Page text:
However, while Aquaman suffers in comparison to Black Panther, it has the good fortune of hitting theaters a few months after the last overwrought DC superhero epic, Justice League, where the character of Aquaman put in an appearance and was the best part of the movie. As a result, Jason Momoa already had built up considerable goodwill among DC fans, and he and director Wan were wise to exploit Momoa’s charisma and interpretation of the character wherever possible.


Actually, Momoa doesn’t put in an appearance until nearly a half hour into Aquaman. First, viewers learn his origin story as Arthur Curry, the product of a romance between a lonely lighthouse keeper, David Curry (Temuera Morrison), and Atlanna (Nicole Kidman), Queen of Atlantis, whom David rescues from the ocean after she flees her home to escape an arranged marriage. After a short period of domestic bliss, Atlanna is captured by some Atlantean stormtroopers and taken back undersea. As the audience later learns in flashbacks, she doesn’t completely abandon her son. Instead, she dispatches her trusted adviser Vulko (Willem Dafoe) to teach Arthur life lessons and combat skills, including the use of his favorite weapon, the trident.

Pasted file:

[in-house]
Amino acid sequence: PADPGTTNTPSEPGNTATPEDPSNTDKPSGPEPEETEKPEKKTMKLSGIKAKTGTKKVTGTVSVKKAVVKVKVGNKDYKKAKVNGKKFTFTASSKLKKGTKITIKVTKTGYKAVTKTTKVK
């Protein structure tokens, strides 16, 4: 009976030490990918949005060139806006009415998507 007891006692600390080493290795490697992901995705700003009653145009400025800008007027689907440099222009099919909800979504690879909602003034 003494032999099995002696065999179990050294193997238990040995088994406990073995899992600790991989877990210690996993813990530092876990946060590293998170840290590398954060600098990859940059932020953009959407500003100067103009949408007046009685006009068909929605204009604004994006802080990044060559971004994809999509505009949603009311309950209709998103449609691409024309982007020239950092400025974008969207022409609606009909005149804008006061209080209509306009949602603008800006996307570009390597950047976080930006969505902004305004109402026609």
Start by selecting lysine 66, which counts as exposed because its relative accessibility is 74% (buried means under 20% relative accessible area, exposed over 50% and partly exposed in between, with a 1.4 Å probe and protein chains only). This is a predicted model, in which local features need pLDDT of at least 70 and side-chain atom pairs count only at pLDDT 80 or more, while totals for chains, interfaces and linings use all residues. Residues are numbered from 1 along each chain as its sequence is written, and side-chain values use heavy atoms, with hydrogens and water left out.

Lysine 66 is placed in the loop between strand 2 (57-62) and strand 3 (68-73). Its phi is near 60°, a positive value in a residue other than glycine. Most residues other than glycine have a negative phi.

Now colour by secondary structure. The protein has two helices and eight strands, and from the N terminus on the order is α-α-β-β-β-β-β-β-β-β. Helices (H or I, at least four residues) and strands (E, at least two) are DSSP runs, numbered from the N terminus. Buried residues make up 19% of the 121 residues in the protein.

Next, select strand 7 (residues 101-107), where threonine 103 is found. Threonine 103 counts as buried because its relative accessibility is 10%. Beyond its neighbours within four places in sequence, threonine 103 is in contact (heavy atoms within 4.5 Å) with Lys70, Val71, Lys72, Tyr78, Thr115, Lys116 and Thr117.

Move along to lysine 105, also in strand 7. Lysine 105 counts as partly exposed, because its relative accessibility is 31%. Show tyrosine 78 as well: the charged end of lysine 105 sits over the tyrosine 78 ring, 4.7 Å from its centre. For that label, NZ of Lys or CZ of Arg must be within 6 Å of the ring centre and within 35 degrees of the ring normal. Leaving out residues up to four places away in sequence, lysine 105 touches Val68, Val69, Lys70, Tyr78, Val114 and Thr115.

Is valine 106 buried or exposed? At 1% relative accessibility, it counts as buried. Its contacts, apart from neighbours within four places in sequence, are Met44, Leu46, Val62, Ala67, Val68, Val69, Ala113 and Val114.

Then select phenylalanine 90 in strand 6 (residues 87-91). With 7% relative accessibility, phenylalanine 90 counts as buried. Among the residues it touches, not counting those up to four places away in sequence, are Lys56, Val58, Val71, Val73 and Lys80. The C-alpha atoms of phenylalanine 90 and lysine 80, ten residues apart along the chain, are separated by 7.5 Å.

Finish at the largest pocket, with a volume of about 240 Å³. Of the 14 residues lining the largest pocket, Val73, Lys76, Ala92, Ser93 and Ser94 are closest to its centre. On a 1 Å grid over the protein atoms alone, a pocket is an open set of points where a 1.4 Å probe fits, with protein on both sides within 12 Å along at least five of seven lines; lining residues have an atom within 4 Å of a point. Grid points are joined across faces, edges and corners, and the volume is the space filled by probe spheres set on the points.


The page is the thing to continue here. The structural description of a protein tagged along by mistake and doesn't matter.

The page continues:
As an adult, Arthur is a somewhat reluctant superhero, helping out those in need on the high seas but usually trying to maintain a low profile. Between missions, he likes to belt down a few beers with his dad and the guys at the local watering hole. One of those missions involves the rescue of the crew of a Russian submarine that has been hijacked by a father and son team of pirates (Michael Beach and Yahya Abdul-Mateen II). In the ensuing fight, the father is killed, and the son vows revenge on Arthur. Eventually, the son will get hold of some nifty, high-powered Atlantean weaponry and rename himself Black Manta.